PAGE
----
Tawang Perspective Planning and Cumulative Impacts Assessment is also a social process and should undergo a free prior and informed consent of the people of Tawang and a comprehensive Public Hearing. It should also be noted that all of the projects will operate in peaking mode, and will lead to impacts in the downstream, which will reach upto Bhutan., which are not studied. As the study says, we share excellent relations and hence it is our responsibility to assess impact of peaking across the international boundary also. We hope these concerns are addressed.

We hope that the Cumulative Impact Assessment/ Carrying Capacity Study and Perspective Planning of Tawang is disseminated throughout the region in local language and is improvised with inputs from inhabitants of the region. It will not be prudent to take up any projects without this process, else the stalemate at Lower Subansiri project is likely to be repeated.

In the meantime, Environmental Clearances given and future process of Nyamjang chhu and Tawang Basin Projects will have to be kept in abeyance unless the proponents accept the eflows and other mitigation measures recommended by the CIA.

In case of Nyamjang Chhu, CIFRI eflows report which uses misleading cross sections and which also willfully ignores diversion of a complete river, needs to be rejected and the organization made accountable for this  doctored study. Environment Clearance granted to 780 MW Nyamjang Chhu project based on this study needs to be quashed urgently.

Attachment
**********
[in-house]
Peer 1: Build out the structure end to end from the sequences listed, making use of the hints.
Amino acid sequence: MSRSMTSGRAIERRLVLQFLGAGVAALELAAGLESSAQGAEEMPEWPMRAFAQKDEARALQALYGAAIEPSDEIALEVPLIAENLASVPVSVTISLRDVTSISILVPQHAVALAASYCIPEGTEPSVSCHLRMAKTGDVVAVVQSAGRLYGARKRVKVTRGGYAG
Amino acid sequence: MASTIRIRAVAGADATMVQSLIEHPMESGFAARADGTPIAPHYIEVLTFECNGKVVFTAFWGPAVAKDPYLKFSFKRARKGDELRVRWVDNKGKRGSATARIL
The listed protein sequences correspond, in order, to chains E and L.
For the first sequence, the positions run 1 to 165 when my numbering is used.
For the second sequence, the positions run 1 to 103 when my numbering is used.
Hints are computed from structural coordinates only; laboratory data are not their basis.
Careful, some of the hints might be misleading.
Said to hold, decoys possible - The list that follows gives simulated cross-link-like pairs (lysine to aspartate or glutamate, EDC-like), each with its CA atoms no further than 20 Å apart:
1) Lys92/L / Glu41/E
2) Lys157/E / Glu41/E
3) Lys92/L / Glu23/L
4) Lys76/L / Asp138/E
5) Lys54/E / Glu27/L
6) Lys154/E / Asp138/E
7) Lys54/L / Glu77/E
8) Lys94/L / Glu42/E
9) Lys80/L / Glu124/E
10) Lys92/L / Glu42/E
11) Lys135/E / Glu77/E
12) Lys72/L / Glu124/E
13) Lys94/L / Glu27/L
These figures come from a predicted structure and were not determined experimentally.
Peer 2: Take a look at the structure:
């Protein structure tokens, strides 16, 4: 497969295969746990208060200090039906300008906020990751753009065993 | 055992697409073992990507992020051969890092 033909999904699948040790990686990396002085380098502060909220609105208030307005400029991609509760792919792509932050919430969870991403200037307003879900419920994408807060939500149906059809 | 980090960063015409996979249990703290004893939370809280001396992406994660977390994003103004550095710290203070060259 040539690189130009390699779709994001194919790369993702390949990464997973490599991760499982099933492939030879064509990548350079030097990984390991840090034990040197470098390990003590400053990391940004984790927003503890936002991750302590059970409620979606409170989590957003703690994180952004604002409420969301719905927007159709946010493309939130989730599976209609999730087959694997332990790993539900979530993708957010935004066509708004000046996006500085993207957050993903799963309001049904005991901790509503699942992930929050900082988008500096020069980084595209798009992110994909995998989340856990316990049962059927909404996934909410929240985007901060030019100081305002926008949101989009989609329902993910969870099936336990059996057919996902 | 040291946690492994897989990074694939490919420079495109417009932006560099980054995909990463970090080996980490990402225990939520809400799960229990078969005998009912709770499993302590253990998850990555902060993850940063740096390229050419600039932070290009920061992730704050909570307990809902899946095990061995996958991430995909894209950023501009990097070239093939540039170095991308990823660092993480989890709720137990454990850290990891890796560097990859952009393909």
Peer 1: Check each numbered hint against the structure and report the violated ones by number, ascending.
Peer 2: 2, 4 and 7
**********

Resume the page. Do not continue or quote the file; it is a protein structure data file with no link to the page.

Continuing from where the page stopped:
Tawang CIA and Perspective Study done by NEHU is an encouraging attempt and we hope it will be improvised to give voice to the peace-loving and ecologically sensitive people of Tawang.

-Parineeta Dandekar, parineeta.dandekar@gmail.com

END NOTES:

[1] CIA, Page V-9

[2] http://www.niscair.res.in/ScienceCommunication/ResearchJournals/rejour/ijtk/Fulltextsearch/2006/October%202006/IJTK-Vol%205(4)-October%202006-pp%20513-518.htm

[3] http://www.circleofblue.org/waternews/2015/world/big-india-dam-unfinished-and-silent-could-be-tomb-for-giant-hydropower-projects/

[4] http://sandrp.in/rivers/Lohit_Basin_Study_by_WAPCOS_A_mockery_of_e-flows_and_cumulative_impacts.pdf

[5] https://sandrp.wordpress.com/2014/02/18/cumulative-impact-assessment-study-of-siang-basin-in-arunachal-needs-urgent-improvement/

[6] http://www.greenpeace.org/india/en/Blog/Community_blogs1/how-much-water-does-a-river-need/blog/45532/

4 Comments on “Cumulative Impact Assessment of Tawang Basin: Highlights from the NEHU Study

  1. If we poach nature on development tag, nature curses every body,please say ‘No’ dams construction where people(sons of the soil) opposes for the well being of the posterity.

    Like

  2. This is the best report on the proposed project in tawang, I am enlightened in the best possible way and i thank you for that,being a native of this place I strongly oppose the governments initiative and agencies involved for thieir relentless efforts to destroy my place in the disguise of development and welfare of my people. We have and will live in the dark(without light) if this is what is demanded for our bright future.

    Like

  3. Pingback: Arunachal hydropower project halted to save black-necked cranes | The Third Pole